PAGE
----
People are struggling with valuations because not only do you have for many companies, a big hole in the earnings from the COVID shutdown but also people are struggling with what the new normal is going to look like. Projecting earnings into the future for a lot of firms is difficult. Therefore, the conversation about valuation, as Andy said, is there are a lot more private equity firms that are probably going to put a lot more earn-outs, seller notes and variable compensation, variable acquisition value into deals. That’s difficult for a lot of people.
I’m curious about your exit. I’d like to learn a little bit more about that. It’s been intriguing to us to see that our buyer activity is higher at this point in time than it was at the same period during 2019. We’ve been sharing that data with our prospective sale side clients but it’s still not enough to move the needle for some of those folks. I don’t know if they don’t believe us or they can’t get over what’s happening in the environment, or they don’t want to walk away from a business that’s generating significant cashflows with all the uncertainty about what’s going to happen going forward. We’ve been completely shocked at the level of buyer activity on our deals. Did you experience that same thing on your exit? Did you see a good number of buyers coming after that deal?
The point when the pandemic started to affect things, we were under LOI. We were exclusive to a single buyer. We had somewhere between 7 and 10 buyers who had made offers. At that point, we had already chosen our buyers. We had gone through that stage. A lot of sellers will think, “They are private equity firms. They want to do the earn-outs and all of that. We ate our medicine too. We sold ours. We had an all 100% cash at the close deal. We had to convert some of that.” Even in those early months that they didn’t miss a beat, they were doing great but we had to take some of our compensation at the deal and turn it into an earnout. It’s happening to everybody.
It’s great though. You still got the deal done pre-COVID. You were able to keep that buyer on the line and get it done. We had a few of those as well. We lost some. We had eight deals under diligence before COVID. Four survived and four didn’t. The ones who didn’t, those businesses just imploded. They almost went away. We had one that lost probably 95% of their revenues almost overnight. They had a great deal on the table. It was an awesome opportunity for the owner to walk away and retire and a cautionary tale there about timing.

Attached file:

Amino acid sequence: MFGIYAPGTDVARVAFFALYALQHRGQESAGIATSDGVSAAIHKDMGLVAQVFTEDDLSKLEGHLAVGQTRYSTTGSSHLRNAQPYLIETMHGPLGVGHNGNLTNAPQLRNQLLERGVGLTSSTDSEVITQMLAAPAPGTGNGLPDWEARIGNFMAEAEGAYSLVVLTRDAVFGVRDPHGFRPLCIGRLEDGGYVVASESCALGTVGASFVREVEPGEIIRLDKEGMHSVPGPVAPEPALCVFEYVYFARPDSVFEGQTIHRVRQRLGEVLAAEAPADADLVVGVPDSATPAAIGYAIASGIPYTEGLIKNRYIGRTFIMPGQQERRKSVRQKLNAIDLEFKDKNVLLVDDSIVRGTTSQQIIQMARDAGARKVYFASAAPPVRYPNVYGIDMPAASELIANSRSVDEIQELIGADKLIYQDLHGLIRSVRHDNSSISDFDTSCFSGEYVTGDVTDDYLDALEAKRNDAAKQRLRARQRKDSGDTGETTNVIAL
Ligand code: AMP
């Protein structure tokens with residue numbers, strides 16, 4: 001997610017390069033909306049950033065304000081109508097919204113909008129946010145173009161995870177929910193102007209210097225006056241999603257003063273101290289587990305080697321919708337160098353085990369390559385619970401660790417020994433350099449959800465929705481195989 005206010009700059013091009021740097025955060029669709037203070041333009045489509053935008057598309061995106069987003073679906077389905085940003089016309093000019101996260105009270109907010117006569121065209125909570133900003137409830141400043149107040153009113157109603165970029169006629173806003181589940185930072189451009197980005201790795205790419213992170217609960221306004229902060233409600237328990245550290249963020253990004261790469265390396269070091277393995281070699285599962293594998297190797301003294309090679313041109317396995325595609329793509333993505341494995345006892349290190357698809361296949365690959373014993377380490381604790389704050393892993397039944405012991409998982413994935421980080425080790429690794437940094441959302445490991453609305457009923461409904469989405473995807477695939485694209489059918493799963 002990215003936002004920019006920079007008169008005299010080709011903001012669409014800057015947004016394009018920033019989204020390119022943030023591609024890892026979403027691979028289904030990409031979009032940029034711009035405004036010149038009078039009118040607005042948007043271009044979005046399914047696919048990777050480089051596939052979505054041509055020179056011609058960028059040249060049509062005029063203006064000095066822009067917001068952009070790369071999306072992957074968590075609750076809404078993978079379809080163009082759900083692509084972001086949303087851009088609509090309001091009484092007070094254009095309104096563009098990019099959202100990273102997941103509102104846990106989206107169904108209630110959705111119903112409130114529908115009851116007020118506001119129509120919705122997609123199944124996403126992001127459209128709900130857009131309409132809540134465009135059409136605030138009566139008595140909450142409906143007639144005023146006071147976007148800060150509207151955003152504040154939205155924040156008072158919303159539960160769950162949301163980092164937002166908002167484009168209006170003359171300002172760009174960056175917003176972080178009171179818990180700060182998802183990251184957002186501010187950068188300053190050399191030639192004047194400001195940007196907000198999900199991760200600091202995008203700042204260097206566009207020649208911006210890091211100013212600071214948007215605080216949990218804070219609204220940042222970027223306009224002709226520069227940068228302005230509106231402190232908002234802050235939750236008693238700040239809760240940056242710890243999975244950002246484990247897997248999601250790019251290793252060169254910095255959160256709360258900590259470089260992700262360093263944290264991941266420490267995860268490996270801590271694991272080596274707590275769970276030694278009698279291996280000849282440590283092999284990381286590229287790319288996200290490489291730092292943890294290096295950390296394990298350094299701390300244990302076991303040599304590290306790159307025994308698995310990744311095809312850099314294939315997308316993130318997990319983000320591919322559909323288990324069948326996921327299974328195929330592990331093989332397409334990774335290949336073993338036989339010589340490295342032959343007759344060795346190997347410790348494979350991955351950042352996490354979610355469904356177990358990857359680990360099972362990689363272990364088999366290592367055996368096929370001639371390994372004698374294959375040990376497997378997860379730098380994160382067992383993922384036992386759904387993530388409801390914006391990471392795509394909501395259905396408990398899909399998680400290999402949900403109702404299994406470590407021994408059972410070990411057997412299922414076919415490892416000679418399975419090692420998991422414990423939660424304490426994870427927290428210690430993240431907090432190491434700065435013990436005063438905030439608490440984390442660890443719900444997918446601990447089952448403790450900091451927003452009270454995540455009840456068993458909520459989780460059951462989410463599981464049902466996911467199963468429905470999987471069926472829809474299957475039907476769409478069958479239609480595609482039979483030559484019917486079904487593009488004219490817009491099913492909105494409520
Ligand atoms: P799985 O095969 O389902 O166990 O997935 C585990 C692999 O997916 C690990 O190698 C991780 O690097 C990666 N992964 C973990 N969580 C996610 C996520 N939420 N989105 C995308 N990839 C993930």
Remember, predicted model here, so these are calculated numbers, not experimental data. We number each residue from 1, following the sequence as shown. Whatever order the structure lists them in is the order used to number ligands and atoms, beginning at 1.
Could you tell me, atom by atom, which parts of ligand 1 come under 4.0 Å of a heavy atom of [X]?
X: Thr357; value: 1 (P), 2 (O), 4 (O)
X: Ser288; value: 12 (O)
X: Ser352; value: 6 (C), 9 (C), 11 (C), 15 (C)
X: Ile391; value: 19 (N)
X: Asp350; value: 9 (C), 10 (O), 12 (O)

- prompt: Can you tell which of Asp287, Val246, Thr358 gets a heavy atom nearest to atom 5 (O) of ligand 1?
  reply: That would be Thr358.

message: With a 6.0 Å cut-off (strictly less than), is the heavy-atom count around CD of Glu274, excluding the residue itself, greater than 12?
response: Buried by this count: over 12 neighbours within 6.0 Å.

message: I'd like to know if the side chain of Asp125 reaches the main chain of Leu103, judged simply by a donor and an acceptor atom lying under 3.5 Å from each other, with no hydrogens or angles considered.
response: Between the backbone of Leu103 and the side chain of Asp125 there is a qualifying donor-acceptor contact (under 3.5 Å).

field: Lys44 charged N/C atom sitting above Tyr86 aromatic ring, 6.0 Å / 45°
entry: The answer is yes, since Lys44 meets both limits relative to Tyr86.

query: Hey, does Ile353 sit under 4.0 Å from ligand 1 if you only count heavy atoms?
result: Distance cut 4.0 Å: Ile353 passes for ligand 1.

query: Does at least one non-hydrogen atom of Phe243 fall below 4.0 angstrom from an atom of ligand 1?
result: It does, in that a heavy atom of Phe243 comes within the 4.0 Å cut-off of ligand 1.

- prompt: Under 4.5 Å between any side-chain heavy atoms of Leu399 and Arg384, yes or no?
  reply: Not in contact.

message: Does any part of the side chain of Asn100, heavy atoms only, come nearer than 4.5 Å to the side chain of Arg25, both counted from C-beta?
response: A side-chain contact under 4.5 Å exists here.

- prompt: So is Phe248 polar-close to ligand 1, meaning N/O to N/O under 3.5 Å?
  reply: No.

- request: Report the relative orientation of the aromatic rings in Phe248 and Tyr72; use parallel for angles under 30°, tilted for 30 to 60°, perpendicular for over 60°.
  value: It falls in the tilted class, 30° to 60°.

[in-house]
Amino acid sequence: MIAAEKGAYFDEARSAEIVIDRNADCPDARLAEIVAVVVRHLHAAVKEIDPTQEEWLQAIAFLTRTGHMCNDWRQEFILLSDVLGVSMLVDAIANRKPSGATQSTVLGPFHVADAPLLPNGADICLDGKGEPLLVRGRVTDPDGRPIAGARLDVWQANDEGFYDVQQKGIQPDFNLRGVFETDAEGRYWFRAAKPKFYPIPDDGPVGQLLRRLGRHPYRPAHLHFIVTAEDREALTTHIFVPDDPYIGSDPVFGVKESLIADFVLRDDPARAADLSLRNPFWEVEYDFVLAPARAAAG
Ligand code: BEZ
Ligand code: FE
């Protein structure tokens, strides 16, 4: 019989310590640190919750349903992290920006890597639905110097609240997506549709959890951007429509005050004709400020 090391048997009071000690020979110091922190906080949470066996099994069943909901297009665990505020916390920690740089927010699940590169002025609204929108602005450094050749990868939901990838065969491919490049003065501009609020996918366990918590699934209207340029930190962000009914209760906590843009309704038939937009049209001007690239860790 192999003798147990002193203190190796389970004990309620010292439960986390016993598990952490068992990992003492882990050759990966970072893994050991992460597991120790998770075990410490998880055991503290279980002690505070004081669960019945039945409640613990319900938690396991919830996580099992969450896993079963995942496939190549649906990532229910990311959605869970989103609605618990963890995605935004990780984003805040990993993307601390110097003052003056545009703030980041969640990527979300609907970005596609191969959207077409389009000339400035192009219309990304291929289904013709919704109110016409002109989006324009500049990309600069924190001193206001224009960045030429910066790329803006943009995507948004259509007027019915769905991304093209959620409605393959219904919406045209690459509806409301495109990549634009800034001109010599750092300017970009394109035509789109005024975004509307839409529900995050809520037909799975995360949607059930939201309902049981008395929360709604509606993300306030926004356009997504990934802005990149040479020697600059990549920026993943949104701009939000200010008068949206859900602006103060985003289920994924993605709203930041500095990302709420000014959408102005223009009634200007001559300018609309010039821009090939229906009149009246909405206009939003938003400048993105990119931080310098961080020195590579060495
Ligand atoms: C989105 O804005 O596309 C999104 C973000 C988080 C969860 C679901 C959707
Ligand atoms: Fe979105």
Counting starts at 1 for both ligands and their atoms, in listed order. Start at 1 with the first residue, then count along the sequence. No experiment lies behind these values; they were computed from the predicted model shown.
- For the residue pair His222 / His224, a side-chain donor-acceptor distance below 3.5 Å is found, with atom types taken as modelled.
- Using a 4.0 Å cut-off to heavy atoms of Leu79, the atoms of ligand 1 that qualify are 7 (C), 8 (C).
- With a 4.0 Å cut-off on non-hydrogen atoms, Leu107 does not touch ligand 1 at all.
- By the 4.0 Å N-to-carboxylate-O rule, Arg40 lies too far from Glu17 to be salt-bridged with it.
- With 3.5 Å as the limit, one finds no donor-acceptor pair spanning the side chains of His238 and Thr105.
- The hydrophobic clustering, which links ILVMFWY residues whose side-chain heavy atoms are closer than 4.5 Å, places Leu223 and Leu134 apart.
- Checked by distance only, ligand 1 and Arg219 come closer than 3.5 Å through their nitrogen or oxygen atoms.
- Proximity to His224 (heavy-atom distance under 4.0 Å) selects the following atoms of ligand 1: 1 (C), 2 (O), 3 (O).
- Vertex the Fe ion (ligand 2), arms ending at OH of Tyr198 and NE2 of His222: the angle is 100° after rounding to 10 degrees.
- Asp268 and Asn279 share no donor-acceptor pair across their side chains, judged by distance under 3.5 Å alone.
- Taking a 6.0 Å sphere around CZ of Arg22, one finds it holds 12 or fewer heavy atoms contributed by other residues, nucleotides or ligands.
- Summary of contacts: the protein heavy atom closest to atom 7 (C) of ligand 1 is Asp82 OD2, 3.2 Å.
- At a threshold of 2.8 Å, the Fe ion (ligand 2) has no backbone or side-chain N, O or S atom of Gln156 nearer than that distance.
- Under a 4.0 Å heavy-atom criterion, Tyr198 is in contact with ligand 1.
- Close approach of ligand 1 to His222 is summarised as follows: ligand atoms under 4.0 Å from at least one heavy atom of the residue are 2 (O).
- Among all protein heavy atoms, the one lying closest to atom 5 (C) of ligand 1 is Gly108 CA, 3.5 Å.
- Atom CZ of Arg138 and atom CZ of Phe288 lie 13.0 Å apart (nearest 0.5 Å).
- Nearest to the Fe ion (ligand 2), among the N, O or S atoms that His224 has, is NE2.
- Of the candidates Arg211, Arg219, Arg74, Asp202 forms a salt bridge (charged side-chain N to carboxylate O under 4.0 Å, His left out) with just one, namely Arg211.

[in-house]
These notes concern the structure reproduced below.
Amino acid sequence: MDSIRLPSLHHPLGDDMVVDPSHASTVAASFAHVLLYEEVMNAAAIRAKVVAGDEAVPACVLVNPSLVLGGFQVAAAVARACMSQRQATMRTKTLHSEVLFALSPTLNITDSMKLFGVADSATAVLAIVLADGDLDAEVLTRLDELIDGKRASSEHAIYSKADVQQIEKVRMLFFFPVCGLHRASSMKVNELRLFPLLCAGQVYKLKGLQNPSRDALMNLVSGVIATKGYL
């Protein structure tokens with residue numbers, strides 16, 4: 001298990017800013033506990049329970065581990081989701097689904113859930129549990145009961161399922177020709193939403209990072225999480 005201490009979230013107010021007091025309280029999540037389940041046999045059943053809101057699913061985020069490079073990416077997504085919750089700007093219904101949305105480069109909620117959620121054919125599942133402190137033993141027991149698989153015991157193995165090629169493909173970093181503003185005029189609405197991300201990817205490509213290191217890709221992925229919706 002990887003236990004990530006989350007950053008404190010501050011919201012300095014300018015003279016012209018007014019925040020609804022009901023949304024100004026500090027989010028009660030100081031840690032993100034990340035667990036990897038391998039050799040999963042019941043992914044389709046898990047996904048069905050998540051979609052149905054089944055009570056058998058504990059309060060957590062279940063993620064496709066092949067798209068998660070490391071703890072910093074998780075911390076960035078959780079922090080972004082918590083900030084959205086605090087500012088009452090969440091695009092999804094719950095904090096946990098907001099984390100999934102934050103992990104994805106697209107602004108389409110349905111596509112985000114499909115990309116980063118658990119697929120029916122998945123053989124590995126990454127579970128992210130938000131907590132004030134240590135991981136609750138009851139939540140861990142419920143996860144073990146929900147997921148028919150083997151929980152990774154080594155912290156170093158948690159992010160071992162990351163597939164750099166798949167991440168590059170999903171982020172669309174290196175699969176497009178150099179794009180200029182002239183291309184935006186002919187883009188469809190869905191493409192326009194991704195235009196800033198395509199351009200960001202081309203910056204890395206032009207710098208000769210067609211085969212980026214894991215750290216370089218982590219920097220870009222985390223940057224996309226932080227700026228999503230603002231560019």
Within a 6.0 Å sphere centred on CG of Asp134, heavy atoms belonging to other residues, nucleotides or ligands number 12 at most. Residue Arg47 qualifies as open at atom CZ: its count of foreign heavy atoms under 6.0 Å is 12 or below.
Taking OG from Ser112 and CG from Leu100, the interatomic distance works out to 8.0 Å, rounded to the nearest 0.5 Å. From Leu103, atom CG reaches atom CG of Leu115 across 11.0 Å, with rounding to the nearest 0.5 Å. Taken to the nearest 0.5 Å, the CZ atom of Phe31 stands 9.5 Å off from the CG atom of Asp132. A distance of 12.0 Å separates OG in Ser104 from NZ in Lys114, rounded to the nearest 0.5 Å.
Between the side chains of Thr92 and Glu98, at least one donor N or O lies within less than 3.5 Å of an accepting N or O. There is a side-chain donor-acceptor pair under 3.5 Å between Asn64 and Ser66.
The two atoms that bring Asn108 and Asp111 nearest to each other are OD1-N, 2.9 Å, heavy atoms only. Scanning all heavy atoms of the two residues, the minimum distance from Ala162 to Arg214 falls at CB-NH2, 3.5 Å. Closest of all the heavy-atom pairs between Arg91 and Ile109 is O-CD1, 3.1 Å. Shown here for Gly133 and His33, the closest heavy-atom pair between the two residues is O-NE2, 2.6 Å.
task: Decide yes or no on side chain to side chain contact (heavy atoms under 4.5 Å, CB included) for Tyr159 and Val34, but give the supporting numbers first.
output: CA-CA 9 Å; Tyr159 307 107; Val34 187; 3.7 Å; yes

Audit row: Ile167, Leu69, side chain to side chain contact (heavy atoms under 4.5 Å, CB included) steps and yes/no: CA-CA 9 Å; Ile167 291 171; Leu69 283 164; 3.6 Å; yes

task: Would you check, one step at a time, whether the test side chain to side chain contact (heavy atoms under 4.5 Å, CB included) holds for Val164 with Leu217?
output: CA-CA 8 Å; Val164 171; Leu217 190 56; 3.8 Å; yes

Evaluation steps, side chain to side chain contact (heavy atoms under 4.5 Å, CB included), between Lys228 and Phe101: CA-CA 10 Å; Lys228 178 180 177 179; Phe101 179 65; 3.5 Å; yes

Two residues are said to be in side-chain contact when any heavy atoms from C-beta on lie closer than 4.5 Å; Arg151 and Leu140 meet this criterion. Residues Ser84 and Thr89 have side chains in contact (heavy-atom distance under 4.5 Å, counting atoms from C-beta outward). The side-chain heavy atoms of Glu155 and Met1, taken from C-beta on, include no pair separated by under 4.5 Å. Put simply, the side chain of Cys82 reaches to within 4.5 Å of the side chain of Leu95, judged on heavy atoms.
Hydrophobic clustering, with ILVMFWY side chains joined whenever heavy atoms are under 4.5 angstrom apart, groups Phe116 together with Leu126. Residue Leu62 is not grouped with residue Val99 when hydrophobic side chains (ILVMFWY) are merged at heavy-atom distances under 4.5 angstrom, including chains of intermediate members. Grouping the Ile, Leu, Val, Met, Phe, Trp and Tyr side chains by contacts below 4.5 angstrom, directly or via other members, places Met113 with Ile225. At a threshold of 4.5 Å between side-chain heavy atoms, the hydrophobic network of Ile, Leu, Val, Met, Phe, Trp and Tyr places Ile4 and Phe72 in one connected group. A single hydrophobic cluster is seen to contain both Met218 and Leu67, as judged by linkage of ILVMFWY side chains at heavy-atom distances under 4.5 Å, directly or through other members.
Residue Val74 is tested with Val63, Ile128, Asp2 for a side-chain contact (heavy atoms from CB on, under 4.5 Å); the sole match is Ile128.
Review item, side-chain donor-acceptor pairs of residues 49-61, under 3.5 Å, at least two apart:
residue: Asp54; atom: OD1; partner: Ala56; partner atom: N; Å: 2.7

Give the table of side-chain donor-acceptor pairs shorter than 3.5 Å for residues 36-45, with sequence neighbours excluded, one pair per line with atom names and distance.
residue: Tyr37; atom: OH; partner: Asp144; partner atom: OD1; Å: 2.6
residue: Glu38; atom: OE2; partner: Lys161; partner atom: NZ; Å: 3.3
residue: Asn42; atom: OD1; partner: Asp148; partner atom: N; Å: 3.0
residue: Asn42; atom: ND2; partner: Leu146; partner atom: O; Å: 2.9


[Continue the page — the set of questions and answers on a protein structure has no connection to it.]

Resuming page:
You predict something like that. That breaks my heart. I’ve never done it. I’ve never built a business like that from scratch, but I’ve worked with many people. I know that those people are ready to have that sale and they put so much into that sale too. That’s unfortunate.
It happened a lot out there. Let’s talk a little bit about now knowing what we do know, how are you approaching diligence? What’s changed for you internally? Have you added anything to the diligence process that you didn’t have before? Talk a little bit about your approach there.
I don’t think so. It’s unique by each company and we have to look at what in March and April of 2020 looks like and what does it look like since then. I wouldn’t say any of our diligence has changed. I’m trying to think of any companies other than the general downward trend, because of COVID. I’m trying to think of any that I’ve worked on that had a direct link that we had to do extra due diligence. We’re trying to evaluate each company on a case by case basis. A lot of these valuations are based on a trailing twelve-month EBITDA multiple. We’re trying to work with companies and get creative. It’s not always earnouts.
If you were a $4 million or $5 million company, and then you had two months where you were a zero EBITDA company, but now you’re back to that $4 million to $5 million EBITDA, I’m not going to make you sit there with these two months sitting in your trailing twelve months ding in your value. If we can get solid footing that you’re back to those old $4 million to $5 million levels, you’re cruising along. You shouldn’t have any more hiccups or we’re trying to get comfortable and we’re trying to get creative where we can say, “You’ve had three months where you’re back. We can work with you, then we’re not going to make you wait twelve more months before we get you a full valuation.”
What are the banks saying to you on the backend about that? What’s the conversation you’re having with your lenders?